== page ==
“We have to handle it delicately. Mahathir is on the wane, the palace is on the rise,” said a Pakatan politician.

DAP leaders are unable to openly empathise with Zaid, let alone defend him. However, Lim Kit Siang and two other party leaders dropped by at Zaid’s Tropicana Golf & Country Resort home after he lamented that he was not getting support from his friends.

Zaid is not in a good place at the moment, his political career is in question. The Sultan asked him to return to Kelantan and the Selangor Umno protesters asked him to “berambus” (get lost) and portrayed him as a “kuda tunggangan DAP” or DAP operative.

“I doubt if he can stand on a DAP ticket, the party will be seen as having an ulterior motive,” said the above Pakatan politician.

The powers of Malaysia’s constitutional monarchy is not always as clear-cut as it should be and many politicians have problems negotiating their steps.

Pakatan leaders see Dr Mahathir as their passport to the Malay heartland votes. They cannot afford for him to be at loggerheads with the Malay Rulers and challenging a pillar of Malay cultural identity.

Dr Mahathir’s palace problems are a hangover from his tough love approach towards the Sultans during his days at the top. He has not been completely forgiven for amending the Constitution to, first, strip them of their legal immunity in 1991, and then taking away their veto power on legislation in 1993.

He is persona non grata with the Yang di-Pertuan Agong Sultan Muhammad V. He was not on the guest list when Sultan Muhammad was sworn in as the new King last year nor was he invited for the grand installation ceremony.

The Sultan of Johor’s feelings about Dr Mahathir is public knowledge by now. Sultan Ibrahim Ibni Almarhum Sultan Iskandar made a strong speech in conjunction with his 59th birthday that was widely seen to be targeted at Dr Mahathir.

A month ago, the Johor Sultan gave his blessing to the design of the Rapid Transit System track that will link Johor and Singapore. It will be a straight bridge rather than the original curved design which the Sultan said would affect the Johor skyline.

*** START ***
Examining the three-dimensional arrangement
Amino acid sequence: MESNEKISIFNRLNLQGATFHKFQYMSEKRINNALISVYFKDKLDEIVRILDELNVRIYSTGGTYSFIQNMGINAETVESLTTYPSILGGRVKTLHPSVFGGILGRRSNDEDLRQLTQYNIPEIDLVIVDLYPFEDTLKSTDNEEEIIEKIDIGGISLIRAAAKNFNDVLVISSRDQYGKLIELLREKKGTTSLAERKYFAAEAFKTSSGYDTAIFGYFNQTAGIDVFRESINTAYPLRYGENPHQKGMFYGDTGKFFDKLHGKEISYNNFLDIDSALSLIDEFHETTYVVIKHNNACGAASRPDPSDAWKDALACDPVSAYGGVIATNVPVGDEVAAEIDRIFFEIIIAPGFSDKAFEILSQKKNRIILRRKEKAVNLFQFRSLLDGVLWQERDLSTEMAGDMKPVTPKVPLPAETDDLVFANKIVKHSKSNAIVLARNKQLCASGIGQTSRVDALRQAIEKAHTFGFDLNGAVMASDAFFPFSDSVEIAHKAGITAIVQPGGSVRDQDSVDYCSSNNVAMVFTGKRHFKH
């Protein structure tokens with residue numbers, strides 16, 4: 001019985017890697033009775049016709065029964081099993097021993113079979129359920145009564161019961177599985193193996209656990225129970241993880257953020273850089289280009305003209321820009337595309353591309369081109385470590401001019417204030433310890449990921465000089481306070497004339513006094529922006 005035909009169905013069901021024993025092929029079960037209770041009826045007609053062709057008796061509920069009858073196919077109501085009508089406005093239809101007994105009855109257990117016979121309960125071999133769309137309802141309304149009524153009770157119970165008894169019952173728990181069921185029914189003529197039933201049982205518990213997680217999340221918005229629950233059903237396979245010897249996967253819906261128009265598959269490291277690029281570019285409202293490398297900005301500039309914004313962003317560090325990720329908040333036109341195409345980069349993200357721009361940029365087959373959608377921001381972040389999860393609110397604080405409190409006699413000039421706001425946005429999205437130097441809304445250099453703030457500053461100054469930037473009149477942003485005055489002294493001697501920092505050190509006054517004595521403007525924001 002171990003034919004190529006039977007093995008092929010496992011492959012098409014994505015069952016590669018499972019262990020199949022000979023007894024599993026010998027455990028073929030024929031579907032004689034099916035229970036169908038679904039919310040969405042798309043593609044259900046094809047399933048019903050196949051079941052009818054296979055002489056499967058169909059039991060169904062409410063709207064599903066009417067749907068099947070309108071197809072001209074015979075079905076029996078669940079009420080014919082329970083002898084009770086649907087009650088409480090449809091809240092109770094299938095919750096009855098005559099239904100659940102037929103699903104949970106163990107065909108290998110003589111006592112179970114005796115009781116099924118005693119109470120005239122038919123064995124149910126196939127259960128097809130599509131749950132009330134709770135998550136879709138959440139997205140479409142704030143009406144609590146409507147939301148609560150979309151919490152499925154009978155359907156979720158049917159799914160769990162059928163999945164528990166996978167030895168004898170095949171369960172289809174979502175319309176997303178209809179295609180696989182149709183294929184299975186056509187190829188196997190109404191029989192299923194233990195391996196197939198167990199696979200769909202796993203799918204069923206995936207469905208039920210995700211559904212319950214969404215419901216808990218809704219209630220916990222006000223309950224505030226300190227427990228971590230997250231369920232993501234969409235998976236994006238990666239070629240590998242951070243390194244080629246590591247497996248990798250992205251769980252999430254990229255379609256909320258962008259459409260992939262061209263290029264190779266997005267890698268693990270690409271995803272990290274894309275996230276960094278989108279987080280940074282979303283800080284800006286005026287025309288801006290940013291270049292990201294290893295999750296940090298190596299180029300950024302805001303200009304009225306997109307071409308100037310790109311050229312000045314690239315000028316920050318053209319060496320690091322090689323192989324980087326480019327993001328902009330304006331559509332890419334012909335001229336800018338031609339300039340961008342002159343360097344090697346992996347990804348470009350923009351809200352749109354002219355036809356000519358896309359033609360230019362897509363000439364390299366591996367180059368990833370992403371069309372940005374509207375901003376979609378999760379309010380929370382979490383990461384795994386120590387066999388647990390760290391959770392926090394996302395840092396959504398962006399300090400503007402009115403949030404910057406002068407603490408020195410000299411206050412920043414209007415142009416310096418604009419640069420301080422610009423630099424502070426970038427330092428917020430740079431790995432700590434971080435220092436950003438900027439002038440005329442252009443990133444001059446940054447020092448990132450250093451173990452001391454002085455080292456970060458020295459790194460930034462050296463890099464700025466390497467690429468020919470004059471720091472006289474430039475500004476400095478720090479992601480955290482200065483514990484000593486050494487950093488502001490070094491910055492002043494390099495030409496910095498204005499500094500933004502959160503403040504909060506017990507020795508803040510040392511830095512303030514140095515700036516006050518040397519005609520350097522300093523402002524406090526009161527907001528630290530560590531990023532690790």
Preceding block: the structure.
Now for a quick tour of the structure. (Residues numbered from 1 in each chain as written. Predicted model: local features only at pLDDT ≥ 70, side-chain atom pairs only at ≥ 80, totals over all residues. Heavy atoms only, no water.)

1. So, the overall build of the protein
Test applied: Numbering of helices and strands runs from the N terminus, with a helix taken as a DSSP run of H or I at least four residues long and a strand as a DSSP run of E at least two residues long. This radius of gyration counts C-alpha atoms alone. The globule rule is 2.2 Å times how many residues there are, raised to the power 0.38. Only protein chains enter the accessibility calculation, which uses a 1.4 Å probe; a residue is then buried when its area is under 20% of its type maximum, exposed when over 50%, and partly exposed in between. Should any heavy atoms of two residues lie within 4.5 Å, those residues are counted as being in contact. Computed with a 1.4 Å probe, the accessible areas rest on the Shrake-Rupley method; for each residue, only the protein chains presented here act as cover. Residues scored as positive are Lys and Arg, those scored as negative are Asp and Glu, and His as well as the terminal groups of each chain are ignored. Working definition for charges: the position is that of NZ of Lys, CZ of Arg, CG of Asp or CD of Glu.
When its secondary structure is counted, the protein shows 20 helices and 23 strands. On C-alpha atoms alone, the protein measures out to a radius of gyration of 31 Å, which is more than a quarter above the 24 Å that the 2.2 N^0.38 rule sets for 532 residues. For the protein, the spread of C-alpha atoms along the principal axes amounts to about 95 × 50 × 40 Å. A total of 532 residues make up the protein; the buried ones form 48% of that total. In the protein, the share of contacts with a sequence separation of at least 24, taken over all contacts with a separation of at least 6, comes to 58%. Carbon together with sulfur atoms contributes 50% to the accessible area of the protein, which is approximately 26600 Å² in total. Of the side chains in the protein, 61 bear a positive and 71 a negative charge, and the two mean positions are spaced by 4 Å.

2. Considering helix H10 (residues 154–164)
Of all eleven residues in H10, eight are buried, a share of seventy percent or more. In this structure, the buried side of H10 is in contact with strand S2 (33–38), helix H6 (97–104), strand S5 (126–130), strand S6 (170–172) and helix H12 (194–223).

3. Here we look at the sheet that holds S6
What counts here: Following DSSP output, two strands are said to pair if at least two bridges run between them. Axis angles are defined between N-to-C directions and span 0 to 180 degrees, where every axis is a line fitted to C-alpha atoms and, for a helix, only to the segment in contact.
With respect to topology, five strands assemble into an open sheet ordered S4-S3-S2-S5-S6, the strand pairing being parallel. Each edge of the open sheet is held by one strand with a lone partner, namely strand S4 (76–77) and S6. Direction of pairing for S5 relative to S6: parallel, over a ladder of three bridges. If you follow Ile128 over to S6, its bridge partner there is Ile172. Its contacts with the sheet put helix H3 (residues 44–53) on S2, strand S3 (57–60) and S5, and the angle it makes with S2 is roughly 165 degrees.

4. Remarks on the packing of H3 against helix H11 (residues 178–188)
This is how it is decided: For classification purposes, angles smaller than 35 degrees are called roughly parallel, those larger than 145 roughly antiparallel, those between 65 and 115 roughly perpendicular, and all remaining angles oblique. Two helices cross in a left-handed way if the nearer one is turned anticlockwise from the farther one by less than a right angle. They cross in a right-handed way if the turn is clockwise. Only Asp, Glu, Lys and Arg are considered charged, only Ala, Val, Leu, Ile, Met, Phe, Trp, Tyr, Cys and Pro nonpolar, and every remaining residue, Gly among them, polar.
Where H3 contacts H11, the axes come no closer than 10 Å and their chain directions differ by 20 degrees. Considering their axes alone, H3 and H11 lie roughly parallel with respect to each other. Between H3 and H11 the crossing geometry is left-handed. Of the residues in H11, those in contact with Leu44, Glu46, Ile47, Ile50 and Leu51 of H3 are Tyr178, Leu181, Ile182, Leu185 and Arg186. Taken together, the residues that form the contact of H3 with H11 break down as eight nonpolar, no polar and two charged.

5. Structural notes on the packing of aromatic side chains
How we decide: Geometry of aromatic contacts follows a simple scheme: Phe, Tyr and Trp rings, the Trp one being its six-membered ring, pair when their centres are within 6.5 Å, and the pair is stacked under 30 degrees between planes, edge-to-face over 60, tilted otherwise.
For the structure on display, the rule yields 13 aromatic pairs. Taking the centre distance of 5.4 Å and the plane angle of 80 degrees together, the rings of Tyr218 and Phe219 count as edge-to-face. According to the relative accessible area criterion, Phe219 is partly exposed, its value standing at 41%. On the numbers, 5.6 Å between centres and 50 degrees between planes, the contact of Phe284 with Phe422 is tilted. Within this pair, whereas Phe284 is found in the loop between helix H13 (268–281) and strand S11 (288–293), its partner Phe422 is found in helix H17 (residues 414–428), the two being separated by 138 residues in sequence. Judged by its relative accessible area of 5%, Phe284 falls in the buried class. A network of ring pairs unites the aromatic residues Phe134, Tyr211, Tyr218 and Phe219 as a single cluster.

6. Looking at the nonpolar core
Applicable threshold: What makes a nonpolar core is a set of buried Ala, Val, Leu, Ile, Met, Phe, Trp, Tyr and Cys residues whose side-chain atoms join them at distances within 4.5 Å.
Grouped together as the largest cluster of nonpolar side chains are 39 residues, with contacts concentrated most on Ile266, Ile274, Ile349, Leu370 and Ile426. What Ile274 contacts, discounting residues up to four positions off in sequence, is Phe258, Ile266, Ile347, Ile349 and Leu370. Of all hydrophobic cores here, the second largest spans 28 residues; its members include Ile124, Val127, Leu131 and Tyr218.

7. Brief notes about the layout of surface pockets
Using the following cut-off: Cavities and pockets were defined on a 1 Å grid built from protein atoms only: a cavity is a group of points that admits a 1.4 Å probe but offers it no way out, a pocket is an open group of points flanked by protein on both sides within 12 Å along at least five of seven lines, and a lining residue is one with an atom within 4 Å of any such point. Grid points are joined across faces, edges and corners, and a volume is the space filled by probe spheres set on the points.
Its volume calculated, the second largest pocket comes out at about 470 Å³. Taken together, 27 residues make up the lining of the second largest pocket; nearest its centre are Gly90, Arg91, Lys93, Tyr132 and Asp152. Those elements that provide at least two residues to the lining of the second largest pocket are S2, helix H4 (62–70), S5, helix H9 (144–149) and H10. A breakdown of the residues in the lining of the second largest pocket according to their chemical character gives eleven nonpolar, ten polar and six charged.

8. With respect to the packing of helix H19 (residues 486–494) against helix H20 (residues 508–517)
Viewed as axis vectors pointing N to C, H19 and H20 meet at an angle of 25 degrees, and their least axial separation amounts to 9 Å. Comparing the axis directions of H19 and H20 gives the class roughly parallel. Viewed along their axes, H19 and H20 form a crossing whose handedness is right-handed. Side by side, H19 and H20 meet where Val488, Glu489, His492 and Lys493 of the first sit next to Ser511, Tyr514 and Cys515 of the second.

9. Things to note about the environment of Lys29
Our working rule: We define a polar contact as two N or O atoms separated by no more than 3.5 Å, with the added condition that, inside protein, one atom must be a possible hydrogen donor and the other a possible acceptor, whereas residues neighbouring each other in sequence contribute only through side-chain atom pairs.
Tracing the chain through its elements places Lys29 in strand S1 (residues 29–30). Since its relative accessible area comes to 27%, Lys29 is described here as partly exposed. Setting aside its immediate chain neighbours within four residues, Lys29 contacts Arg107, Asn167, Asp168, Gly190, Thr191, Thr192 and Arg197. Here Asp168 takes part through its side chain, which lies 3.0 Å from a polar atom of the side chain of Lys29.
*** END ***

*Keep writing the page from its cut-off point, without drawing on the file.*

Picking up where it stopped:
No one wanted to say it out loud but the original design had hints of the crooked bridge that was said to be the straw that broke the camel’s back for Dr Mahathir.

Are the Malays bothered about all this?

“What matters is bread and butter issues although there is still a high degree of deference towards the royals among Malays. That’s why Mahathir is treading carefully and choosing his words after the Bugis fiasco. He can’t risk upsetting the royals too much.

“The royal households are important stakeholders in a government, Mahathir knows their importance in high-level politics especially when forming governments at state level and choosing the Mentri Besar. The blessing and confidence of the monarch is crucial in closely-contested elections and in the event of hung assemblies,” said Amir.

According to political commentator Dr Azmi Omar, Dr Mahathir’s strained ties with the Sultans will not cost him many votes among the Malays.

“But it is not going to win him more Malay votes either and that could be a problem for his coalition,” said Dr Azmi.

Read more at https://www.thestar.com.my/opinion/columnists/analysis/2017/12/17/fighting-one-too-many-fires-the-jury-is-still-out-on-whether-tun-dr-mahathir-mohamad-will-emerge-on/#soTjDKpttqRegSJ7.99

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Majority of the Malays, still uphold the defining values of the Malays. They adhere strongly to the teachings of Islam and tradition and heritage of Malay-Muslim, which is respecting the feudalism of the Malay Rulers regardless how they disagree with it.

Recently, at the UMNO AGM Prime Minister Dato’ Sri Mohd. Najib Tun Razak strongly pronounce that the nationalist party, stooped deep in Malay-Muslim traditions and values have never had an iota of anti-Chinese sentiments.

UMNO itself survived the crisis which Dr. Mahathir engineered almost three years ago with the objective of removing Prime Minister Najib as President, actually came out stronger and now fortified.

Within that time, the provocation of Dr. Mahathir and his Opposition cohorts even brought a few of HRH Rulers to sound out against the 92 year old machiavellian politician and all the anti-Malay and anti-Islam innuendoes.

The subliminal messages of HRH Rulers are for keeping the harmony and inter-racial understanding, respect and co-operationg in tact.

This is very much inline with Barisan Nasional’s consistencies. Under Prime Minister Najib, BN led Government is even working harder to narrow the gap and foster the principles upheld by the founding fathers.

This is not withstanding UMNO’s policy and struggle of developing the Malays, for the betterment f the whole nation.

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Published in: on December 18, 2017 at 23:00  Leave a Comment